Many years ago, you used to be able to order items from Amazon and send them a cheque. Perhaps you still can. The reason for this wasn’t just an additional revenue stream, but a way to counter objections from customers new to online shopping, who distrusted putting in their card details online. You can still buy throwaway credit cards topped up like pay-as-you-go phones for this reason.

Consider the rising use in remote banking services. Either users must trust that financial institutions will keep their digital data secure, or they don’t care – something we know isn’t the case, if only given the way we guard our PIN numbers with our very lives.

Law firms have the same advantage as banks here. Just as a bank completely owns (and won’t share) someone’s confidential account details, you have total ownership of a client’s case data. You can push a strong, if not explicit, message of security.

GDPR rules already mean you must safely store data. Popular video-calling software is encrypted by default. No successful business uses unsecure websites and networks. And so on and so on.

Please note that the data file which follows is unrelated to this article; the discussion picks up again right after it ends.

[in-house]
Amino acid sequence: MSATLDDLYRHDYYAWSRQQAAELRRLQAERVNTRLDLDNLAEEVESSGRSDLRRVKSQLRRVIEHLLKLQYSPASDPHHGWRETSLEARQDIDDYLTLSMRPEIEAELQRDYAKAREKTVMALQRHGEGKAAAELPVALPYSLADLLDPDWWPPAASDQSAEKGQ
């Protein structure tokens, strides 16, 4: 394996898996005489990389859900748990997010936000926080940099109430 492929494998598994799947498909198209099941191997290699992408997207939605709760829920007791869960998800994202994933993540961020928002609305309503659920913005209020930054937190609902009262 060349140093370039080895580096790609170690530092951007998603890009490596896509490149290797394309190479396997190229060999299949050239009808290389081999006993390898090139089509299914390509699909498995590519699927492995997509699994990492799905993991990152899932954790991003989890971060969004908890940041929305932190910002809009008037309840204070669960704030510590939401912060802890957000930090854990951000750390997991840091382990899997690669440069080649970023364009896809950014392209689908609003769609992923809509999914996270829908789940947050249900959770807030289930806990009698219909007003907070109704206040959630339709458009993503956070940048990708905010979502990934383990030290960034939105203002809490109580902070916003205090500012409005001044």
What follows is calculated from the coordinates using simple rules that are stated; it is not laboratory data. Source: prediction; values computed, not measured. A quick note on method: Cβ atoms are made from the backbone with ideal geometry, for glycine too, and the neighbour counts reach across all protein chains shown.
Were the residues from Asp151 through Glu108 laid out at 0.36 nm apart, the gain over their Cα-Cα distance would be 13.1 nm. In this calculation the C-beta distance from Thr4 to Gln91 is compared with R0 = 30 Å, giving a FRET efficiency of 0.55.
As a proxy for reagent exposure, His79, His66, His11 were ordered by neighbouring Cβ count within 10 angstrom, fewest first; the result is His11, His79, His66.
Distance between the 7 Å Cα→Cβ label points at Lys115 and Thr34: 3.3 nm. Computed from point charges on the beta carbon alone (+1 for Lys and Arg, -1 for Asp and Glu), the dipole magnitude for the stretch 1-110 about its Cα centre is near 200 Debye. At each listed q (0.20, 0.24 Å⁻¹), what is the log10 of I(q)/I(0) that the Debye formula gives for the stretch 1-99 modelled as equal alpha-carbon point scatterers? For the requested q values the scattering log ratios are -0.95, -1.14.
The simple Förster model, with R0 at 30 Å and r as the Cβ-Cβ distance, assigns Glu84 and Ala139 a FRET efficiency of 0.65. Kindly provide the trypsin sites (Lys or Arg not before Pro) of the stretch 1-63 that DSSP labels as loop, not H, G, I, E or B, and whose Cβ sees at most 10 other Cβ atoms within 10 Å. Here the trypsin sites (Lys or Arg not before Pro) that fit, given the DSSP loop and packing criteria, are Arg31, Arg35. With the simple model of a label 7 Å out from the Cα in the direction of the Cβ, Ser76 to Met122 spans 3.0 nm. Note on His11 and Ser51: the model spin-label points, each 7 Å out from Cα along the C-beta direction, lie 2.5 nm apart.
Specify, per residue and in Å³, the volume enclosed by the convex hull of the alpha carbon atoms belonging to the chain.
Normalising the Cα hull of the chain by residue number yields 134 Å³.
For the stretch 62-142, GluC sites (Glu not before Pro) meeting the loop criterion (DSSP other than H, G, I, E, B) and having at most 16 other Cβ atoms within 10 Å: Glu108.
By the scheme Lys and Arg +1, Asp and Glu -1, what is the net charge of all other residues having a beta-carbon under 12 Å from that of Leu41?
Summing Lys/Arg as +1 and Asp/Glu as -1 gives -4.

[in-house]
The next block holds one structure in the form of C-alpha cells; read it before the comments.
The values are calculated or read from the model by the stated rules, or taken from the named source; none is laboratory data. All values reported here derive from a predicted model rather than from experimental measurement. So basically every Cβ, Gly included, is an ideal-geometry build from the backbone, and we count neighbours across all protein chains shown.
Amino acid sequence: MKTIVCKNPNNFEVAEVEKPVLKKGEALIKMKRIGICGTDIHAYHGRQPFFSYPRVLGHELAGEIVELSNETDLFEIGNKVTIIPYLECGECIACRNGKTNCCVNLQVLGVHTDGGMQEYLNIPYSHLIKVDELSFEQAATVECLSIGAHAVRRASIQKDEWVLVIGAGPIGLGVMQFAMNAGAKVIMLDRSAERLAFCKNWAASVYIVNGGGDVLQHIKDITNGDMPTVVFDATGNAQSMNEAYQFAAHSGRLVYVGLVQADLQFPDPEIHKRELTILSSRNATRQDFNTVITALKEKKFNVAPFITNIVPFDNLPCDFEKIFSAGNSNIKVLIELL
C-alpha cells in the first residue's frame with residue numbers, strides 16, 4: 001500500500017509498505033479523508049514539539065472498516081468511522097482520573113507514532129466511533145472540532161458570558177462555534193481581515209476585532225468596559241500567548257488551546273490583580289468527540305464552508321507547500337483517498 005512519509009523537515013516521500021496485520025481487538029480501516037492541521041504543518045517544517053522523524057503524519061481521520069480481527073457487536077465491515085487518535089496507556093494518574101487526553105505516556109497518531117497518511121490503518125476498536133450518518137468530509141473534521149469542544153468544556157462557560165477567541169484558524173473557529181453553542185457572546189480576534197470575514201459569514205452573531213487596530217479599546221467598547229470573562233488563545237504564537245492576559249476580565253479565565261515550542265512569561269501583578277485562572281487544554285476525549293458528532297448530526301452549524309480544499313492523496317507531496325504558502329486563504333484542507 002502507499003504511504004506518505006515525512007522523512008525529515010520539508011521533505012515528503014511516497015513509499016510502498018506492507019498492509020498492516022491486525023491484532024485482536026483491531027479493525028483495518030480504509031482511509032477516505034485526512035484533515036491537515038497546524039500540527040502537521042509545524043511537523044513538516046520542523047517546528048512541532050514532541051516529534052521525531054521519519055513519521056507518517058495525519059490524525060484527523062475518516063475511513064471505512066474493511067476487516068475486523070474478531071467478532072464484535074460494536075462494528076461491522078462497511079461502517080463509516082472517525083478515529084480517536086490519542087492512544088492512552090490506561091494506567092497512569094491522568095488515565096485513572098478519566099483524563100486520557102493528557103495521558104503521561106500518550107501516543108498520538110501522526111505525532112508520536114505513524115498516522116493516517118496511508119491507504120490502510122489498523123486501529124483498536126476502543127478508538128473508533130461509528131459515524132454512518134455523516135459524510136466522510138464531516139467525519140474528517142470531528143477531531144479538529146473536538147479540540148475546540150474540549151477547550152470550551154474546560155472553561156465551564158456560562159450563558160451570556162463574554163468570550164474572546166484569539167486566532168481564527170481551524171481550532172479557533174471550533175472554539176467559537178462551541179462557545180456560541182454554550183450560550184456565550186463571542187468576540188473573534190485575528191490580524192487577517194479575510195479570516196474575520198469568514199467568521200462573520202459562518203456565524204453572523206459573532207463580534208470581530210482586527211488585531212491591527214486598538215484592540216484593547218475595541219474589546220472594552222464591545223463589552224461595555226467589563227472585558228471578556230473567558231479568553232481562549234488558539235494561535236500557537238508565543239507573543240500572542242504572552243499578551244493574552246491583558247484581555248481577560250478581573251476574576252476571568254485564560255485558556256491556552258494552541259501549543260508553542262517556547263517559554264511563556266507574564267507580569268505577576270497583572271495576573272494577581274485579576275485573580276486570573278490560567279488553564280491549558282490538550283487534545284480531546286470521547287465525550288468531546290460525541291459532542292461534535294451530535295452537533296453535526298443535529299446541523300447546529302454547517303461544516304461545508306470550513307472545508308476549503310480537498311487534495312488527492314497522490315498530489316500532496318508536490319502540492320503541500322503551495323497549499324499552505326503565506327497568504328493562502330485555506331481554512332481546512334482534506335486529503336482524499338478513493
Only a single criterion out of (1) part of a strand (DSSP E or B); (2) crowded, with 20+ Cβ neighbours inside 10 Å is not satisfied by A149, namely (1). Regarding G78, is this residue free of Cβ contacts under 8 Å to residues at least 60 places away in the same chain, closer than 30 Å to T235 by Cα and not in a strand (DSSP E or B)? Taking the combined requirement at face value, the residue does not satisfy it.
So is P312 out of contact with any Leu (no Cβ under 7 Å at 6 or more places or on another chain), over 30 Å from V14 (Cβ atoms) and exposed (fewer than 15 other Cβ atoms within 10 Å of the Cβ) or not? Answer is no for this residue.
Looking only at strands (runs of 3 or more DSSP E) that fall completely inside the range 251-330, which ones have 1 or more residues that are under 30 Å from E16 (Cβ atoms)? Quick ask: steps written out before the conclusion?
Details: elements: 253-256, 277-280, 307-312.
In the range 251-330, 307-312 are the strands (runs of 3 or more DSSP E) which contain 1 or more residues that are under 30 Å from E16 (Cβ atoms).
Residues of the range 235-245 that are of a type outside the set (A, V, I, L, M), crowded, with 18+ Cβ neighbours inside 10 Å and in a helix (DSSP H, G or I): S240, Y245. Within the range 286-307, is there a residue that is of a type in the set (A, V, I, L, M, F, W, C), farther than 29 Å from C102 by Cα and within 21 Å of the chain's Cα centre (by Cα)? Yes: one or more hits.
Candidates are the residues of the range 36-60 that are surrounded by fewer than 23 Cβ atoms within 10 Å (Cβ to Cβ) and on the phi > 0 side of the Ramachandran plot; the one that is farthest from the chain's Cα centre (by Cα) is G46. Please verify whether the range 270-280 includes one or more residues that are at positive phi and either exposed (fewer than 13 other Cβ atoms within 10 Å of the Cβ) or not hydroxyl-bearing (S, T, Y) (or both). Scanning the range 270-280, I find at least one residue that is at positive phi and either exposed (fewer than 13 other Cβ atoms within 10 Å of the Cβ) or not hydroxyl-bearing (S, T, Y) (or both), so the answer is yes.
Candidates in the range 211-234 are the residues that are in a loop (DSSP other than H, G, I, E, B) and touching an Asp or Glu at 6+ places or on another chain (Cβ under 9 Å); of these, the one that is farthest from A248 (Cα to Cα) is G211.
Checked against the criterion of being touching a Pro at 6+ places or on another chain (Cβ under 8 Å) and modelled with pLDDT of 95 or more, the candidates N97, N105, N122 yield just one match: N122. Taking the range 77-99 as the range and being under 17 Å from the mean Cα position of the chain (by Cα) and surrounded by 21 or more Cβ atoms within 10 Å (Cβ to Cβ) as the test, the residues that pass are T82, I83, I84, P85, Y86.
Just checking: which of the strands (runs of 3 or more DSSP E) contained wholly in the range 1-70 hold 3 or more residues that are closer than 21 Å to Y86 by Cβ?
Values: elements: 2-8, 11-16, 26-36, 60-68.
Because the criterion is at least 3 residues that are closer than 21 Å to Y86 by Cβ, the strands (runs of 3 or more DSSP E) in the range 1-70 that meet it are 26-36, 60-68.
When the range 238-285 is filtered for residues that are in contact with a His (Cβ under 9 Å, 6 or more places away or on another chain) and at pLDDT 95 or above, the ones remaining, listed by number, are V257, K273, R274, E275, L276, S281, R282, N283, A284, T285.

Most practices will already operating on a security-first basis, it’s lawful and it’s best practice. You just need to reassure potential clients that you take online security and confidentiality seriously.

Remember to assess and swiftly plug any security gaps you might have elsewhere in the business. If you’re working remotely, too, you and your client should both have confidence in your home set-up, too.
 
  • Convenience

Simplicity is key to digital success. Especially in a sector like law, where complexities and complications and confusing legalese can send even the hardiest client into a tailspin.

There’s a reason why we all make Zoom calls these days. Or Dropbox documents. The most popular remote service platforms are the ones that easiest to use. In fact, the most popular anything on the internet will almost always be the easiest to use. Google, Amazon, TikTok, PayPal…